Regardless, the Organization for the Prohibition of Chemical Weapons, an intergovernmental group that investigates such atrocities, said in January it had a “high degree of confidence” that chlorine gas had been used in at least three attacks on civilians in 2014. The group said the gas bombs were dropped by helicopters, and as Power has noted, “only the Syrian regime uses" helicopters.
Syria seems to be following the same playbook it used with sarin. “Assad consistently would test and push the red lines of adversaries. Now you are seeing that with the use of chlorine,” said Andrew Tabler, a senior fellow at the Washington Institute for Near East Policy. “That combined with the comments of Secretary Kerry allowed him to project power to Syrians and ultimately perpetuate his hold on power through the use of chemical agents.”
Tabler was referring to Secretary of State John Kerry’s comments on Sunday -- the fourth anniversary of the Syrian uprising -- when he told CBS that the U.S. might negotiate directly with Assad to find an end to the war. The State Department later clarified that Kerry meant the U.S. would negotiate with representatives of the Assad regime, not with Assad himself.
Assad quickly pounced on Kerry’s comments, declaring on Iranian television that he wanted Kerry to back up his words with actions before he would engage in negotiations. Assad won a public relations victory by portraying Kerry's statement as an endorsement of his legitimacy.
Several Syrian opposition leaders were in Washington last week to meet with White House and State Department officials, and they were appalled by the seemingly tone-deaf nature of Kerry’s statements.
“I saw that the headline was changed and walked back by a State Department tweet. This is unacceptable. The Assad state media took the first headline and ran with it,” said Syrian activist Lina Sergei Attar, who was in the White House meetings. “This is an insult and humiliation to the Syrian people on the anniversary of the revolution that demanded freedom and now mourns more than 200,000 dead.”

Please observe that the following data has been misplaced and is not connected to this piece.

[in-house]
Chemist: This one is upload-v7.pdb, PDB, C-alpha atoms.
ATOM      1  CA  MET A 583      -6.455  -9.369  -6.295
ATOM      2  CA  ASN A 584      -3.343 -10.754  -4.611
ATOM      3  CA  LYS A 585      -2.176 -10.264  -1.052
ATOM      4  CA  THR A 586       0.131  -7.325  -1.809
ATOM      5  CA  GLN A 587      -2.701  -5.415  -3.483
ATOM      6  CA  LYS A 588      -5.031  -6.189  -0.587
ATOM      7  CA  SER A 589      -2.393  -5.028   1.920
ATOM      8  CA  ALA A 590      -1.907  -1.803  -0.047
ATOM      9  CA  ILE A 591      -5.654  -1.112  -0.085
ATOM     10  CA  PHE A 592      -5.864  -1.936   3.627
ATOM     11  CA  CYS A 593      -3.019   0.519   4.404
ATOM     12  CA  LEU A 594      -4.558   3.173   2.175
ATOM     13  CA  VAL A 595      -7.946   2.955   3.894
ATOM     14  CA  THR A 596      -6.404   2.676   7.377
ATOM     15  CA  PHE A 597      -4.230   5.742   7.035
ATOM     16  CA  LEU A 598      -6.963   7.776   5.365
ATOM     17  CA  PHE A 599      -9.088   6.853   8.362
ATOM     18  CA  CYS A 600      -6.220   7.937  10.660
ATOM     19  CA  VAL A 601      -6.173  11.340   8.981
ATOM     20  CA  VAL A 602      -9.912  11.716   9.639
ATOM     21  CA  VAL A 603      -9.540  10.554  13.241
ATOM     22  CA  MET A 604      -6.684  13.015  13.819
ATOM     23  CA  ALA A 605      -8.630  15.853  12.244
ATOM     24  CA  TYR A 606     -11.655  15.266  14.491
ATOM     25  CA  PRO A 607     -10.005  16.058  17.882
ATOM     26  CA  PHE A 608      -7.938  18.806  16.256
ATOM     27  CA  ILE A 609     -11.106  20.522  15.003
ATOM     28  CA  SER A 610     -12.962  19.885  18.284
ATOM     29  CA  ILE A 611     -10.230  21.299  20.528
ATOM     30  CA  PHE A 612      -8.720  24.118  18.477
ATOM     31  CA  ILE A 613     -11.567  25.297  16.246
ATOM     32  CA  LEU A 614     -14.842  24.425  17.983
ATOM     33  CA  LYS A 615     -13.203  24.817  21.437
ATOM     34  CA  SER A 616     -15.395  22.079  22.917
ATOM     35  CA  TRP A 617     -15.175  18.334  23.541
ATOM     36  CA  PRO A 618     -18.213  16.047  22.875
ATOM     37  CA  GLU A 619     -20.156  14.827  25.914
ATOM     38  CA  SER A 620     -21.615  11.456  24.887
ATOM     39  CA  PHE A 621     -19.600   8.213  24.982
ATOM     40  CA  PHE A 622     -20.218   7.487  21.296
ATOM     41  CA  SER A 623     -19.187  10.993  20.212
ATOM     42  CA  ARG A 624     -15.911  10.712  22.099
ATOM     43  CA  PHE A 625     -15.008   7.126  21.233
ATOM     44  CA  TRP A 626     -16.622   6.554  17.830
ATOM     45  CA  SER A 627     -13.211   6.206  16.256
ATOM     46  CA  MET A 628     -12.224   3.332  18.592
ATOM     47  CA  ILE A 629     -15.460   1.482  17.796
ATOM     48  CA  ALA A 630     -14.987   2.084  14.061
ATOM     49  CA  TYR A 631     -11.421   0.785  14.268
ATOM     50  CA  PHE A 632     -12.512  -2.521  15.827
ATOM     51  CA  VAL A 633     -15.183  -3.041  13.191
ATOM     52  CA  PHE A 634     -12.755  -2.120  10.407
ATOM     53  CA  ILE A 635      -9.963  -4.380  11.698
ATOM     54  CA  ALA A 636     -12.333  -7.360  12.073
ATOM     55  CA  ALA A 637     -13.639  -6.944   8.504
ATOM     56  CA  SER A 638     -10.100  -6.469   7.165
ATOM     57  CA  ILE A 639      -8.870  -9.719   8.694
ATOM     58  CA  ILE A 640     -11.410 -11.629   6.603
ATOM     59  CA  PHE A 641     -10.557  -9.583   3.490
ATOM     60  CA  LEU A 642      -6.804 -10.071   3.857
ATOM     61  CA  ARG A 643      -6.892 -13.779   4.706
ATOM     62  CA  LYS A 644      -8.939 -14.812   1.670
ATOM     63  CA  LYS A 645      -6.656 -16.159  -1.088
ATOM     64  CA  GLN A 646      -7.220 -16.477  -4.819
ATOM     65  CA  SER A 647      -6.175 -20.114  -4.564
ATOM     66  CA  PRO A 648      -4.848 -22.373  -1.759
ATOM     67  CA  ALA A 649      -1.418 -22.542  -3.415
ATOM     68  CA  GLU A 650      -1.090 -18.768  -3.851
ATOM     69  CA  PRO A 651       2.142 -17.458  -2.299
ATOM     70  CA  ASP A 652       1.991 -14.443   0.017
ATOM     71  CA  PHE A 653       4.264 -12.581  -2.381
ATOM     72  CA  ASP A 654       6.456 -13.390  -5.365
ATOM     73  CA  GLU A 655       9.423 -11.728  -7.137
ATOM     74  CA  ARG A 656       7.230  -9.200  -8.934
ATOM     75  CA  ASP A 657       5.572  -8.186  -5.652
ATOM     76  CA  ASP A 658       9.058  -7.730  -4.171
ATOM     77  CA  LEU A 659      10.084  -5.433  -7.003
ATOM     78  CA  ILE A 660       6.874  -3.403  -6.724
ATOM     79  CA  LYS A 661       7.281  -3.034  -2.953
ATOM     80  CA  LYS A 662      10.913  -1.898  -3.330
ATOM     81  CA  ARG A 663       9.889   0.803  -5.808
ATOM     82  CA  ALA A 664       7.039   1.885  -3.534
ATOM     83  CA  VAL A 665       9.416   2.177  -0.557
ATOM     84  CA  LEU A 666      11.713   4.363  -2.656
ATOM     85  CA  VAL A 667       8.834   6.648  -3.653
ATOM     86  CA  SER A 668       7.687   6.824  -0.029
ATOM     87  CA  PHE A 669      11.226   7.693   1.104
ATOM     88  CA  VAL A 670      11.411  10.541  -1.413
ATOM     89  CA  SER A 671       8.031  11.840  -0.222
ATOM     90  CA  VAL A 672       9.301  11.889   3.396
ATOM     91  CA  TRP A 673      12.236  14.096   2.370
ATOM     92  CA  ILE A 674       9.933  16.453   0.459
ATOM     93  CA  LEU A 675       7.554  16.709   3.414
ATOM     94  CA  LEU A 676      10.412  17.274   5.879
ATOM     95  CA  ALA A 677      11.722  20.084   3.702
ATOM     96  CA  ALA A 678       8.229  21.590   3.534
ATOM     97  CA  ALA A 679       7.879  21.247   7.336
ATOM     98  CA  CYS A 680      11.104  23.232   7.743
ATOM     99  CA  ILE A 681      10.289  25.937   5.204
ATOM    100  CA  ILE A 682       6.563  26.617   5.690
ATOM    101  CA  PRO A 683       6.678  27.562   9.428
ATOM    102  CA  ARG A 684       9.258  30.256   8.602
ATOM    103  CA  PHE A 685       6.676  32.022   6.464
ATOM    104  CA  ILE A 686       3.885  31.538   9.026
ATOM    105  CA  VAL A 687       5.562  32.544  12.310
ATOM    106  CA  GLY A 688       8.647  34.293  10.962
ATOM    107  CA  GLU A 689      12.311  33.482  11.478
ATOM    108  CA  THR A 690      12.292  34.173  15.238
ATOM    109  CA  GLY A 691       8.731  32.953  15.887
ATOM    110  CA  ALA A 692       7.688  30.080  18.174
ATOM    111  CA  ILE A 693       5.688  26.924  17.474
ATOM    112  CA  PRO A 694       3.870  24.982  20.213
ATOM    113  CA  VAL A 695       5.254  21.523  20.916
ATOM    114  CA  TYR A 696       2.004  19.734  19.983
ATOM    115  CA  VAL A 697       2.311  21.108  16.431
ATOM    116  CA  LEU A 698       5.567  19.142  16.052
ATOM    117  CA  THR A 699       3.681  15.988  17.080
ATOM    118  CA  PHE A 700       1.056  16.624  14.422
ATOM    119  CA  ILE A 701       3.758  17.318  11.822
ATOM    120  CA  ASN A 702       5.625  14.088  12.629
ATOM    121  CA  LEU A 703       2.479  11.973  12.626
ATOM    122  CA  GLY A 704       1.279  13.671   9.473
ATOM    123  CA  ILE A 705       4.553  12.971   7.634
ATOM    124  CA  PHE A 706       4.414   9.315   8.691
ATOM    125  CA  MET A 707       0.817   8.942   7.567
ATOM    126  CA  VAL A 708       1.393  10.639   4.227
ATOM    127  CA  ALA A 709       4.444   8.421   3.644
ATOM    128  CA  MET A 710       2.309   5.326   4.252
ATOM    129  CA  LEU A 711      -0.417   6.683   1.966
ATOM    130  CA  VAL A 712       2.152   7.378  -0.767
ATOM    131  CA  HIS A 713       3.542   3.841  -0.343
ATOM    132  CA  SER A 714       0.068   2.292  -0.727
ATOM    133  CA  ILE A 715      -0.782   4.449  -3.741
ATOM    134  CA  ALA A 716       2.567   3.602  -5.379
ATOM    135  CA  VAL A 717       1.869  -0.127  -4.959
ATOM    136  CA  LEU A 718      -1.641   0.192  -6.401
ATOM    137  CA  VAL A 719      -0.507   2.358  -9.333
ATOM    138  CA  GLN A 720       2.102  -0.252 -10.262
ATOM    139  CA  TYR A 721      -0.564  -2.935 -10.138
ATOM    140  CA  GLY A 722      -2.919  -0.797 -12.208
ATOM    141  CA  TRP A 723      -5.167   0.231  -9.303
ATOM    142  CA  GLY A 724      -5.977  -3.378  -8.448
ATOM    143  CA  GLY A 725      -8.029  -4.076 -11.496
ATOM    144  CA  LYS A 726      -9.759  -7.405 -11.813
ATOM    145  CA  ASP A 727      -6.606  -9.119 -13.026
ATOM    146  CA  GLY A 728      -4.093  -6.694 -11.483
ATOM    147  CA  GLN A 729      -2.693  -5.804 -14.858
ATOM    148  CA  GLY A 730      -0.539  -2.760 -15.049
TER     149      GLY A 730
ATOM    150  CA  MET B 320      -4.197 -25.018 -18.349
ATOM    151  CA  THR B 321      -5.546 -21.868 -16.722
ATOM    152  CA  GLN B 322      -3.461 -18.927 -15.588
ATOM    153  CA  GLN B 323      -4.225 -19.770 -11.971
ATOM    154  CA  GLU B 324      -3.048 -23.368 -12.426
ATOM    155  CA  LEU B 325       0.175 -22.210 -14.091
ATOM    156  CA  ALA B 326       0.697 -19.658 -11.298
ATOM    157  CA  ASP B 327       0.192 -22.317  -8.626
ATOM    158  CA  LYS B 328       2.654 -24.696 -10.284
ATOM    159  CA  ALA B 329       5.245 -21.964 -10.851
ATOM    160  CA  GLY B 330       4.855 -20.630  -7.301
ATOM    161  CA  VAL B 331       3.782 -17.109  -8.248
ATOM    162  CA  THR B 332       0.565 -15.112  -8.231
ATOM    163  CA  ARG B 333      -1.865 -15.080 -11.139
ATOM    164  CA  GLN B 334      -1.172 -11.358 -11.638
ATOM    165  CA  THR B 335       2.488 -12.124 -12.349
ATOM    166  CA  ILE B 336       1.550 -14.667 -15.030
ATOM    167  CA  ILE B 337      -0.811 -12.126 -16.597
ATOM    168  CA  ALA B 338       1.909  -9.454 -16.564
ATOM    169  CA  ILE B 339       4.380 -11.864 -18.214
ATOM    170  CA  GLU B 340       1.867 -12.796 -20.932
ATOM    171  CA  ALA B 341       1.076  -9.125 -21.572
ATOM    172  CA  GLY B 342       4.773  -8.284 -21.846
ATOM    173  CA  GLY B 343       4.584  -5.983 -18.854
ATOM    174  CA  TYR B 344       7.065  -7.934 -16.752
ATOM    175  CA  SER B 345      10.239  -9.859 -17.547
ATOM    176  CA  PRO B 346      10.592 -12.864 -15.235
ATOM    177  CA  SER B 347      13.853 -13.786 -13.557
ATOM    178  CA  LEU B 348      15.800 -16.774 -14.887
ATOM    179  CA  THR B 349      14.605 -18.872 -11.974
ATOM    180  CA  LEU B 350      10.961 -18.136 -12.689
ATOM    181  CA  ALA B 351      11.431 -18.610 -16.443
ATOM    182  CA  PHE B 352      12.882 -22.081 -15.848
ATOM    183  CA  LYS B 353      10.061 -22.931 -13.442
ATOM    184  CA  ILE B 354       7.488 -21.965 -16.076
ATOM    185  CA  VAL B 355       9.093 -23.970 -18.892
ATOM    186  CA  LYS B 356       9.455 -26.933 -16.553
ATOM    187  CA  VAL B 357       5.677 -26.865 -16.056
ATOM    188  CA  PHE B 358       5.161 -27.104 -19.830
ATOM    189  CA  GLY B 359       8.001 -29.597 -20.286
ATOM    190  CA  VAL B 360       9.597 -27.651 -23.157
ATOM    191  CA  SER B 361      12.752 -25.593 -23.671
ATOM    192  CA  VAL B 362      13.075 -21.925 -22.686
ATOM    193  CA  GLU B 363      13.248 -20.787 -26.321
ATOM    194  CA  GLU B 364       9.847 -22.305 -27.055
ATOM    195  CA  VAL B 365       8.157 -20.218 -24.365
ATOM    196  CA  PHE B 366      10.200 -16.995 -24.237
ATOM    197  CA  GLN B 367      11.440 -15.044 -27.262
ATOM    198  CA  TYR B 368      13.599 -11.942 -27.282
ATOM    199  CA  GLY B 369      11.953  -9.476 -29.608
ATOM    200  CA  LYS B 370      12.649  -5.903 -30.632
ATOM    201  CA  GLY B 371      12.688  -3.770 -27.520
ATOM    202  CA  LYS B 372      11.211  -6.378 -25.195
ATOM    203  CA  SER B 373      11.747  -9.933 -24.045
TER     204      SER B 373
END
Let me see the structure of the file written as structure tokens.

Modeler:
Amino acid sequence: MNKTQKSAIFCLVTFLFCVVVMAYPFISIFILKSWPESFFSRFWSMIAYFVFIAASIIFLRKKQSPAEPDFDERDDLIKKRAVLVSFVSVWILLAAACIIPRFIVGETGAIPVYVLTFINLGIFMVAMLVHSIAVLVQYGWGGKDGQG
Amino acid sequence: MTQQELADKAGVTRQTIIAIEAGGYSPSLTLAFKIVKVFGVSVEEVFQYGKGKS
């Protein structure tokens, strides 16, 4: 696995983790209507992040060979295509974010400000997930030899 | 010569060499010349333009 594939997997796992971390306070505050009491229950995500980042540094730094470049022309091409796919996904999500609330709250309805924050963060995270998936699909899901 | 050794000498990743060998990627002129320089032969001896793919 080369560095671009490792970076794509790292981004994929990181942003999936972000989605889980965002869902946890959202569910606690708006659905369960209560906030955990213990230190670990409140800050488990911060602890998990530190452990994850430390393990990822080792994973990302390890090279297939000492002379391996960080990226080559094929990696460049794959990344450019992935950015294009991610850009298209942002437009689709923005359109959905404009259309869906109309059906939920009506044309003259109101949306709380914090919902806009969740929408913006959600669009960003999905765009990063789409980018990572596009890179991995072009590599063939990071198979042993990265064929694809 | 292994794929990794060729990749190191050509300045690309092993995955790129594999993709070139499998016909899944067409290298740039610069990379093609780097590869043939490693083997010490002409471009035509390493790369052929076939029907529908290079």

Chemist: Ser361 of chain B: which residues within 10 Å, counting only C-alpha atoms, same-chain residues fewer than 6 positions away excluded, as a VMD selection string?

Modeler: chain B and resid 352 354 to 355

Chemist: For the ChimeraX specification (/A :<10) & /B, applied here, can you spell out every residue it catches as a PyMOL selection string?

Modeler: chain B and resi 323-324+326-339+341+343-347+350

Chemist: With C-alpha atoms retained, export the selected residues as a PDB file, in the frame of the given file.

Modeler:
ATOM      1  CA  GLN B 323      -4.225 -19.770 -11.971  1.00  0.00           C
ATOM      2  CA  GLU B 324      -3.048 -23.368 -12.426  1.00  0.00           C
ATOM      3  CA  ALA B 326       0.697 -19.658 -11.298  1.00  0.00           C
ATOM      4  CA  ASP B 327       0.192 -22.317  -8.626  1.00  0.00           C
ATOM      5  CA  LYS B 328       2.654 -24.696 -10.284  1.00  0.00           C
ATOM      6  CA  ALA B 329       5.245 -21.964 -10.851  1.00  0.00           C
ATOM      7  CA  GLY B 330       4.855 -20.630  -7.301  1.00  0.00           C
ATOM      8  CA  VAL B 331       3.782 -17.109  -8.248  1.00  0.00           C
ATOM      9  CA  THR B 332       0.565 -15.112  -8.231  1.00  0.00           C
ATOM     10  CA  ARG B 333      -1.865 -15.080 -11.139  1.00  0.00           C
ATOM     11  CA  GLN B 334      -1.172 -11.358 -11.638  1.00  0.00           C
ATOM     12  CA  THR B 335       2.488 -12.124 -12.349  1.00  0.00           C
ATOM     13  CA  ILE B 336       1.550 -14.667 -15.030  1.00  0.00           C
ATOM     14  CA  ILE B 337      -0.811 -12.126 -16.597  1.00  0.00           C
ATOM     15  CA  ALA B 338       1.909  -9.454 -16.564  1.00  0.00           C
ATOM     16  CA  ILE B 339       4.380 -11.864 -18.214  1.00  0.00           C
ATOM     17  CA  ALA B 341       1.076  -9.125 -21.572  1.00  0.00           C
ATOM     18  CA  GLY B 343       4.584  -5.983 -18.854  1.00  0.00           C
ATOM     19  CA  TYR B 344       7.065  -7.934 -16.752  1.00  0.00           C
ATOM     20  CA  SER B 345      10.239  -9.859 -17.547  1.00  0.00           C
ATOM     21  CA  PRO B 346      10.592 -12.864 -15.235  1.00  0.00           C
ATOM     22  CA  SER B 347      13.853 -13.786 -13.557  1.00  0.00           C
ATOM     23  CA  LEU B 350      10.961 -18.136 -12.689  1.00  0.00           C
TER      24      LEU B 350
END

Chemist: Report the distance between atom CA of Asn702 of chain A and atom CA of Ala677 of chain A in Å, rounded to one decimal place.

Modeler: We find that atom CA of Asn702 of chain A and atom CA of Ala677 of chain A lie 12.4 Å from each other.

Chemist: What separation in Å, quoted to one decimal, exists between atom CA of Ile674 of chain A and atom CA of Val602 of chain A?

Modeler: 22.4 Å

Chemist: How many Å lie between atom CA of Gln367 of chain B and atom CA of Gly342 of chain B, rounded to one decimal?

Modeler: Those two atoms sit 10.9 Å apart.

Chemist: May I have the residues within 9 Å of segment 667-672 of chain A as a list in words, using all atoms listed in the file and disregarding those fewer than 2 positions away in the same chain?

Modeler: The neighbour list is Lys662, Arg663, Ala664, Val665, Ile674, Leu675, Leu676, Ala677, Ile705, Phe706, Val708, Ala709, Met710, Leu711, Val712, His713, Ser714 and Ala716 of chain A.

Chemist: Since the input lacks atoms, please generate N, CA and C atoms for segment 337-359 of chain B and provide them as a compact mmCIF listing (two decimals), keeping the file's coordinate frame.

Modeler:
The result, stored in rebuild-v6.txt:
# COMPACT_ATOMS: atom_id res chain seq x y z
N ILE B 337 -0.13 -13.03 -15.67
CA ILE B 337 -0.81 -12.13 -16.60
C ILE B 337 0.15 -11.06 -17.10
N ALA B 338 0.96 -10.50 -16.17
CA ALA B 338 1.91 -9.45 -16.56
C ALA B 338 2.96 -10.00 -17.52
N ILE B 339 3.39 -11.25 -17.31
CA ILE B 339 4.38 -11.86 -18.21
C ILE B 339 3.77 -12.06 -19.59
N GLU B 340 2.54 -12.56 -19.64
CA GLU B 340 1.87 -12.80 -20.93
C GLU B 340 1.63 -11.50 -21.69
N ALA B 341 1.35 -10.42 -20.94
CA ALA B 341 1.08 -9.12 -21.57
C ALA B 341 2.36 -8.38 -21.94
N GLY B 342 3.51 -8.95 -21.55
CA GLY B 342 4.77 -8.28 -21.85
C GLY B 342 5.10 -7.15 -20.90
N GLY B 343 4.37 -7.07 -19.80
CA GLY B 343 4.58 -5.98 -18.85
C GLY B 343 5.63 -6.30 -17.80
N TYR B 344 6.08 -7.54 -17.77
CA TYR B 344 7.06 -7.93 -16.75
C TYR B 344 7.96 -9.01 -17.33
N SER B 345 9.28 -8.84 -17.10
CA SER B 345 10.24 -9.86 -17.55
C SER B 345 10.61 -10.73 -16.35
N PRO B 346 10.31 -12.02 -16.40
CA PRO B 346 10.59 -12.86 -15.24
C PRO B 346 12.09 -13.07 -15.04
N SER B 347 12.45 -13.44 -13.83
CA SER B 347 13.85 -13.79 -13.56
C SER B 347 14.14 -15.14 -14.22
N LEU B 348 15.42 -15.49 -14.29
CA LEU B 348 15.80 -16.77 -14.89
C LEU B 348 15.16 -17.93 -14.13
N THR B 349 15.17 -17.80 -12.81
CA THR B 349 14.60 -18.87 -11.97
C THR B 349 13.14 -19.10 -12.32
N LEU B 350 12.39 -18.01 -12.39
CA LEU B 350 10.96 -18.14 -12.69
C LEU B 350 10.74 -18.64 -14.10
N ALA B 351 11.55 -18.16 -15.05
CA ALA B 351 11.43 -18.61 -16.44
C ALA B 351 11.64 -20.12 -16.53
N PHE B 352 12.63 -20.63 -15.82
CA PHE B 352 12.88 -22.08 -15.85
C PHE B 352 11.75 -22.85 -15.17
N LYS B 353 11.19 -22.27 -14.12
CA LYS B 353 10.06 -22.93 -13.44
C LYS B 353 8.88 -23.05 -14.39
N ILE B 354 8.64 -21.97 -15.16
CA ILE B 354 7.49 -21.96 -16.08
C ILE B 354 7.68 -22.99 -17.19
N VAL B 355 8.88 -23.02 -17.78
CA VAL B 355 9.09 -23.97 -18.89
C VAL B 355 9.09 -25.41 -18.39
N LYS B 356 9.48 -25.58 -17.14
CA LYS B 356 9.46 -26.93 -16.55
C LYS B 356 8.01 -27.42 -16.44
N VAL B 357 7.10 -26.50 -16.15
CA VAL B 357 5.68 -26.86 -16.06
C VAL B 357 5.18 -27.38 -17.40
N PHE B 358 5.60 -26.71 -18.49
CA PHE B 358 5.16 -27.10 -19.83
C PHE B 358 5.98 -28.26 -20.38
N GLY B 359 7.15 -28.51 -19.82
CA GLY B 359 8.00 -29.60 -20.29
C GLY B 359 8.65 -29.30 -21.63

Privately, top U.S. officials told the Syrian delegation that the U.S. will not work with Assad and remains committed to forcing him from power. While Kerry’s comments are not necessarily in conflict with that goal, they ultimately served to undermine it, Attar said.
It's unclear what the Assad regime would have to do to get the White House to intervene in the war or endorse any policy, such as a no-fly zone, that could put the U.S. in direct confrontation with Syrian forces. The Obama administration can no longer maintain that it is pursuing a political negotiation with the regime and at the same time admit that it has no plan whatsoever to restart that political process. Assad has no real incentive to respect any of the West’s red lines so long as the fight against the Islamic State remains Washington’s overriding concern. Those jihadists certainly need to be defeated, but for now the price is mounting in more atrocities brought on the Syrian people.
This column does not necessarily reflect the opinion of Bloomberg View's editorial board or Bloomberg LP, its owners and investors.
To contact the author on this story:
Josh Rogin at firstname.lastname@example.org
To contact the editor on this story:
Tobin Harshaw at email@example.com